Clin Med - Adv. Diagnostics & Fluid Therapy Basics

pbhati17's version from 2017-03-03 01:28

Advanced Diagnostics

Question Answer
High SENSITIVITY means few false ___NEGATIVES. False negative means it really was positive but your test missed it. (N in sensitivity & in negatives) (Want a VERY SENSITIVE test if testing for HIV in blood donations, was the original example)
High SPECIFICITY means few false ___POSITIVES.
What is the math equation for sensitivity?The (TRUE POSITIVES) / (TRUE POSITIVES + FALSE NEGATIVES)
What is the math equation for specificity?The (TRUE NEGATIVES) / (TRUE NEGATIVES + FALSE POSITIVES)
So, something infects an animal & you want to see if it's what you think it is. What are the 2 WAYS/TESTS you can try to use to see if you were right?Detect the ANTIBODY or detect the PATHOGEN itself
Where do you find Abs in the body?Serum! THIS MEANS RED TOP TUBE!
Higher the titer means it is MORE ___POSITIVE FOR THE ANTIGEN/AB
Which is a more positive titer.... 1:4 or 1:300?1:300 (diluted it 300 times & you still can detect it? You are REALLY positive for that Ag or Ab)
What is immunodiagnostics?Detecting the AB!!
What are 2 ways you can tell the difference btwn exposure, infxn & Vx when doing immunodiagnostics?(1) PAIRED SAMPLES-usually do 2 samples, 2 weeks apart. Look for an ↑ in the titer. (Ex: exposure is common for X dz, but if the animal was actively infected w/ X, the titer would be 5-7xs higher than the exposure titer
(2) TYPE OF Ig-If the Ab from a Vx, the Ab would prolly be IgG ((it has memory from the Vx)
. If the Ab was from an infxn, there would be IgM (quick on the scene 1st Ab, IgG hasn't had time to form yet which means active infxn)
ELISA: what is the change you're looking for? What exactly is going on?Looking for a color change for a positive result (think SNAP test). There is an Ag coated plate/SNAP & you introduce serum.
WESTERN BLOT: What is the change you're looking for? What exactly is going on?Looking for a banding pattern. You run serum through a gel impregnated w/ w/ Ag
IFAT (fluorescent Ab): What is the change you're looking for? What exactly is going on?Looking for glowing, add serum to Ag coated slide.
ELISA: Ab or Ag detection?Ab detection
WESTERN BLOT: Ab or Ag detection?Ab detection
IFAT: Ab r Ag detection?Ab detection (can also be Ag! depends!)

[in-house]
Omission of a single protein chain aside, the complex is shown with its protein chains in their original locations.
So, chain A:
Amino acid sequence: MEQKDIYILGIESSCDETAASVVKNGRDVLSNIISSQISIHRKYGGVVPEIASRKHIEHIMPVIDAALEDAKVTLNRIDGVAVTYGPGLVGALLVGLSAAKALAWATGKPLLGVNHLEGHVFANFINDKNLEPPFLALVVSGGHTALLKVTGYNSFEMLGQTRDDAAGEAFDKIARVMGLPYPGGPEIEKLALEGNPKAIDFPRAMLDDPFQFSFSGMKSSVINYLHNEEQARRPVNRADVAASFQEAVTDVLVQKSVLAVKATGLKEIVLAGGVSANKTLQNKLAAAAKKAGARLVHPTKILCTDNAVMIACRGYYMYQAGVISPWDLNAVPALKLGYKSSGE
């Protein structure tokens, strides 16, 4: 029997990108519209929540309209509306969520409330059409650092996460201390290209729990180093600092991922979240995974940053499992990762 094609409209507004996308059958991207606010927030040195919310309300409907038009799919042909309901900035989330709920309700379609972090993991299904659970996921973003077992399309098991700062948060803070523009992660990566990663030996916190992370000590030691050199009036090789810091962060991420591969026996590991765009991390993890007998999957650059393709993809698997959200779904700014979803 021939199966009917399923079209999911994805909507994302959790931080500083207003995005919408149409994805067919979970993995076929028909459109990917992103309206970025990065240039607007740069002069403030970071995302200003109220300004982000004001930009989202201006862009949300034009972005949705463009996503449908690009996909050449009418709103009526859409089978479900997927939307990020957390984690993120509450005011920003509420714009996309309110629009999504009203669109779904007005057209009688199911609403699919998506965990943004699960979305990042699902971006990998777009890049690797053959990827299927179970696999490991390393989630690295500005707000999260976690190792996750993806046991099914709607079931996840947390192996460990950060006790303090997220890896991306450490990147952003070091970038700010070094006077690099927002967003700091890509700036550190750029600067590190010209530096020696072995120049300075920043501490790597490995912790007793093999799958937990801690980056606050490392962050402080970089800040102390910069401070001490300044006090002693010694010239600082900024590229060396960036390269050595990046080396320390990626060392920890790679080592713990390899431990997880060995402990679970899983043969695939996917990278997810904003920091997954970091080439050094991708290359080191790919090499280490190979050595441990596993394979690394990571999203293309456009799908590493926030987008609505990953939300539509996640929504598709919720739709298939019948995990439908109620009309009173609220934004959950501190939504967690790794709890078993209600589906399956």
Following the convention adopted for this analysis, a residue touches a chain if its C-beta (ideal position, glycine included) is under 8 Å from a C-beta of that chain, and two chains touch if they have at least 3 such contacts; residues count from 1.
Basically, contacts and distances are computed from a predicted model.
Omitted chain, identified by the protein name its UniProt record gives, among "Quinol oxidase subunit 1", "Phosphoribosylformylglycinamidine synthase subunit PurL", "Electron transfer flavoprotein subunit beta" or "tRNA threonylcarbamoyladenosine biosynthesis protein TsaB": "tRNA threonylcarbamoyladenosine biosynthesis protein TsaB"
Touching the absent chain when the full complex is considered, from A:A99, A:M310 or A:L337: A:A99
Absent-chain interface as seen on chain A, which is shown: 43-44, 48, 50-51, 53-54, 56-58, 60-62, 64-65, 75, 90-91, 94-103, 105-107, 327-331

"Culturing viruses" is called...?Virus isolation
What is a broad, non-specific way to detect pathogens?CULTURE THEM!
What does PCR do/detect? What is the caution & the downside of PCR?Detects the DNA of the PATHOGEN! Caution: very specific, you can't just "PCR for everything". Also, PCR might be able to detect DEAD organisms
PCR: Ab or Ag detection?Ag
Explain how you can use IFAT to detect antigens**COMERCIALLY PRODUCED ABs, NOT FROM THE Pt!! Get antigen sample from PTx, add the commercial Ab (ex: Rabies in the brain detection)
What is going on in immunohistochemistry?Take tissue (contains Ag) from Pt, add a stain containing commercial Ab to the tissue, see if it stains

Fluid therapy basics

Question Answer
Your total body water (TBW) is 60% of your body weight. Of that, what percent is in the ICF (intracellular fluid)? ECF?ICF=66% of TBW
ECF= 33% TBW
What are the 3 places which encompass the extracellular fluid?Intravascular, interstitial & transcellular
How much of the TBW (total body water) is intravascular?Blood vol is 8% TBW
Which is the largest component of the ECF?Interstitial
Which area of the ECF is starlings law affecting & what is the solute-vs-plasma balance?Starlings law is at most effect w/in the interstitial space (btwn cells) & the solutes & plasma are roughly at equilibrium.
Give some examples of transcellular ECF spacesSynovial, peritoneal, CSF, intraocular
Briefly explain Starling's lawWater follows solute yay! Slightly more involved definition is that there is hydraulic & oncotic pressure in both the capillary & in the interstitium. Wherever the solute is, the water will follow until there is equilibrium
What are the effective osmols of the ECF?Na+, Cl-, bicarbonate
What are the effective osmols of the ICF?K+, PO4-, ICF proteins (mostly fixed in the cell)
Chart on slide 7-don't have to memorize, understand the relationshipsInterstitial vs intracellular vs plasma values.... how they relate to ECF & ICF